France: Polemics Surrounding a Film Shoot in a Parisian Church

Source: FSSPX News

A singer triggered a dispute after filming her video clip in the church of the military hospital of Val-de-Grâce in Paris on June 4.  The pastor declared to the press that the French singer, Arielle Dombasle, had “profaned” this place of worship by shooting her clip entitled Ave Maria, without the permission of the military chaplaincy. According to the newspaper Le Parisien, in its June 5 edition, Fr. Emmanuel Dollé had expressed his disapproval of the singer’s artistic project to the director of the military school of Val-de-Grace, who is in charge of the church. According to the priest, when questioned by the radio station France Info, “they set up a buffet as if it were a country meal, and put chairs all over the place; it was a circus!” Another reason for his anger: Arielle Dombasle’s profile is not exactly an appropriate match for the place. “She often plays at the Crazy Horse. Val-de-Grace is not the Crazy Horse!”

For his part, the singer’s producer, David Babinet, strongly criticized the priest’s reaction: “I find it very worrisome, because we are living in a time when religion and fundamentalism are coming back full force… And I think that the Church who is lacking faithful ought to see that in this video that we are making, Arielle is simply bringing young people into a church with her.”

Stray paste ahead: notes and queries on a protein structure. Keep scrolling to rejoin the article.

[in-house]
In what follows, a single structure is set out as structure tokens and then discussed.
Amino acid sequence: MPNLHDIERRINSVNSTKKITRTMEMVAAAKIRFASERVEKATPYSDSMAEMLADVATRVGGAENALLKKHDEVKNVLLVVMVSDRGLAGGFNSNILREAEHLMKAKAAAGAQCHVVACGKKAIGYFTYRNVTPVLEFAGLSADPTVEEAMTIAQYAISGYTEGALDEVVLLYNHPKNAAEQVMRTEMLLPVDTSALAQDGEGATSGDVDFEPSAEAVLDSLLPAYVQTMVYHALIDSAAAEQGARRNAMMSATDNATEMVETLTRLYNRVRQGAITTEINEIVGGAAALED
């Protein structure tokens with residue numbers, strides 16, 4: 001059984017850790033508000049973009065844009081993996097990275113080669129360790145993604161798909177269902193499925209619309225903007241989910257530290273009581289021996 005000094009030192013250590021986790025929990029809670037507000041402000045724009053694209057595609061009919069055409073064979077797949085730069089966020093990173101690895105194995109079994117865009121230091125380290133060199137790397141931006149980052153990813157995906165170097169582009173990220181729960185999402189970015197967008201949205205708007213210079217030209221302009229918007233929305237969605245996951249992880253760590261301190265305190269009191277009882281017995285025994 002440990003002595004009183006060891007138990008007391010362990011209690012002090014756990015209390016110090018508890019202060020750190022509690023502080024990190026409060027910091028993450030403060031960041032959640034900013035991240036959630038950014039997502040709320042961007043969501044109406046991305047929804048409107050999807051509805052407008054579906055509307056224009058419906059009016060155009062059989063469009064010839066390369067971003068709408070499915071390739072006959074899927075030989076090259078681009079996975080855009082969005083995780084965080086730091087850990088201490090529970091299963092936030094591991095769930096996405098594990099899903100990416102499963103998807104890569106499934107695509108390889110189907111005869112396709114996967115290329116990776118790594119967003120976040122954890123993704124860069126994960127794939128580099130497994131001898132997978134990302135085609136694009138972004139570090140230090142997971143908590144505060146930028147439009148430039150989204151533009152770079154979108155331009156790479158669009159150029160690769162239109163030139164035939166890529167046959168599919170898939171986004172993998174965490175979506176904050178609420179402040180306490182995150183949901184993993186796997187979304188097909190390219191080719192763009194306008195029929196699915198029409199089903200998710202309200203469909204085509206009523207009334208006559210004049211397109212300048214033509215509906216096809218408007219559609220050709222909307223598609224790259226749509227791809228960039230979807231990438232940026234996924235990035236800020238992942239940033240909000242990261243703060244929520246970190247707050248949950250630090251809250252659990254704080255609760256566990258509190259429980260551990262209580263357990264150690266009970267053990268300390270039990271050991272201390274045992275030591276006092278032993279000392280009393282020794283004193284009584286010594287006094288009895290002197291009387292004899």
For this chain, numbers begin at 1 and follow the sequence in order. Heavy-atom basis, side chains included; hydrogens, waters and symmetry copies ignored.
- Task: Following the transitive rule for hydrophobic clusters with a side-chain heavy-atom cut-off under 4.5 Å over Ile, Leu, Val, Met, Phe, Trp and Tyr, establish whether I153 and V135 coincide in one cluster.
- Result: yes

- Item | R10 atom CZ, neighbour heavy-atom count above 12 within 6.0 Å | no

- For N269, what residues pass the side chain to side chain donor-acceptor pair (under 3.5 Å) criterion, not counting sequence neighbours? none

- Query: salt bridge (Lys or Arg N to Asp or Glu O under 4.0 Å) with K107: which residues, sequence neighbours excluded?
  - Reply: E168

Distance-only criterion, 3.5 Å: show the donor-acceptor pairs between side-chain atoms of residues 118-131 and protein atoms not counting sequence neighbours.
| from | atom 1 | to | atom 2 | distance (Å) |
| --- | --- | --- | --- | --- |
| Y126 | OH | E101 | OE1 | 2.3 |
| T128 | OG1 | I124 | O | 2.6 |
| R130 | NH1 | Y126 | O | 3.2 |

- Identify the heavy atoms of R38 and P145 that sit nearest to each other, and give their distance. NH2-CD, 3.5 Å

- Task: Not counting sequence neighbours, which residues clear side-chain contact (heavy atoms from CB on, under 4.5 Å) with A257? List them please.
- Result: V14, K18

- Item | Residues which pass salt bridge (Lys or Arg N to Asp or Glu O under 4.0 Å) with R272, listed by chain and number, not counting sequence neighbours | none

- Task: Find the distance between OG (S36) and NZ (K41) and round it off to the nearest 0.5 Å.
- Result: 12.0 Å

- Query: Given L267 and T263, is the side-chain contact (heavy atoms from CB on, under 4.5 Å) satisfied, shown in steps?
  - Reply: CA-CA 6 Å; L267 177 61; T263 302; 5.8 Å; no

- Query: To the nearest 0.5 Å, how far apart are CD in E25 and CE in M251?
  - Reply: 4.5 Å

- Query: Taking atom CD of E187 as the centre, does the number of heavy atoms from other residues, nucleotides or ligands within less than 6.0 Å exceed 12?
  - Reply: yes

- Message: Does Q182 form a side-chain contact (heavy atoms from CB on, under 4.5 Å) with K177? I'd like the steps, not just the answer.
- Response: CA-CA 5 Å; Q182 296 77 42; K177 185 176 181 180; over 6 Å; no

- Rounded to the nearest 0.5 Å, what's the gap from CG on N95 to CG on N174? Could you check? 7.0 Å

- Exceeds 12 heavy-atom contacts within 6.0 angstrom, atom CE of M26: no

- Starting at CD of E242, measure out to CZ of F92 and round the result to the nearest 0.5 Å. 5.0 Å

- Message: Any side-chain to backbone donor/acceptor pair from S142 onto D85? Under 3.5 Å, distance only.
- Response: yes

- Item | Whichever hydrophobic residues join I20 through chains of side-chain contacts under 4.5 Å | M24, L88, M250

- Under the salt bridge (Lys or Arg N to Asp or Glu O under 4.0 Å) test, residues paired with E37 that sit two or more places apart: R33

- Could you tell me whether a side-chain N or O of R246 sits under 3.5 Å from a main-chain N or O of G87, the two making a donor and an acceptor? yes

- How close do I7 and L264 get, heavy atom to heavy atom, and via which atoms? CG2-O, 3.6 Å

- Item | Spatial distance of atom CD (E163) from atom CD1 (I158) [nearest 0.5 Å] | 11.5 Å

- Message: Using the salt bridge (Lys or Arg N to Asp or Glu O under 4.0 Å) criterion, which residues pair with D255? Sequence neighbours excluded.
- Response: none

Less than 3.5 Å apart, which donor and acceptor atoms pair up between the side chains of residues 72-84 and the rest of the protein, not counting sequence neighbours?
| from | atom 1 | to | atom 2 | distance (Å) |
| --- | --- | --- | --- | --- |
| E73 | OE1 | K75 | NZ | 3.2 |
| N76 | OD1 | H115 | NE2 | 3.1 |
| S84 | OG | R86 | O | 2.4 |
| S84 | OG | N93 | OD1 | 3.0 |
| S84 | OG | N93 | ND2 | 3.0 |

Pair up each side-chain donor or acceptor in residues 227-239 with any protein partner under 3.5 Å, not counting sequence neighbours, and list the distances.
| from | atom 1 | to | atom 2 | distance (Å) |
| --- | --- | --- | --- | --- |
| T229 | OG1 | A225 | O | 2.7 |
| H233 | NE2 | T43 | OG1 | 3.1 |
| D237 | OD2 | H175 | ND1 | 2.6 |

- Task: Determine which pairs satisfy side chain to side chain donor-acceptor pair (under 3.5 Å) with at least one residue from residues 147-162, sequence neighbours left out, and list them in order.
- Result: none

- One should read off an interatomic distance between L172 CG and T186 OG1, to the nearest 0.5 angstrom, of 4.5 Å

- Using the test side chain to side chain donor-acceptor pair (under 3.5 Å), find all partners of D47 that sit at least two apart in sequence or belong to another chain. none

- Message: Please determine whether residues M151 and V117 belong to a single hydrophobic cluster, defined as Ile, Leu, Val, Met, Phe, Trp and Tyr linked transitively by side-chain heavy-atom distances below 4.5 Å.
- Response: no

As for Arielle Dombasle, she stated to the AFP that she was “very sorry”, recalling her Catholic faith that she has never hidden. The singer declared all the same that she was “hurt” by “a very strong a priori”: “The chaplain was determined to see in this filming a profanation, labeling me with my visits to the Crazy Horse a few years ago,” she lamented.

The army’s bishop, Bishop Luc Ravel, deplored the “conditions of this filming” and announced that he would do “everything in his power to bring to light the permissions that were given, and especially the behavior in the absence of the religious authorities.” “Many people have expressed to us their emotion and pain: I fully share them,” he added in a letter on June 5, 2013.

Even if Bishop Luc Ravel pointed out that “these elements (of the clip: angels and fake priests, ed.) reveal as far as we know nothing directly against our faith; our signs and sacred rights”, and that it is not a question of profanation or of blasphemy, he considers that “it is unacceptable for living and praying sanctuaries to be used to promote a show business or a perfume company. There are studios for that.”

(sources: apic/leparisien – DICI#277 June 21, 2013)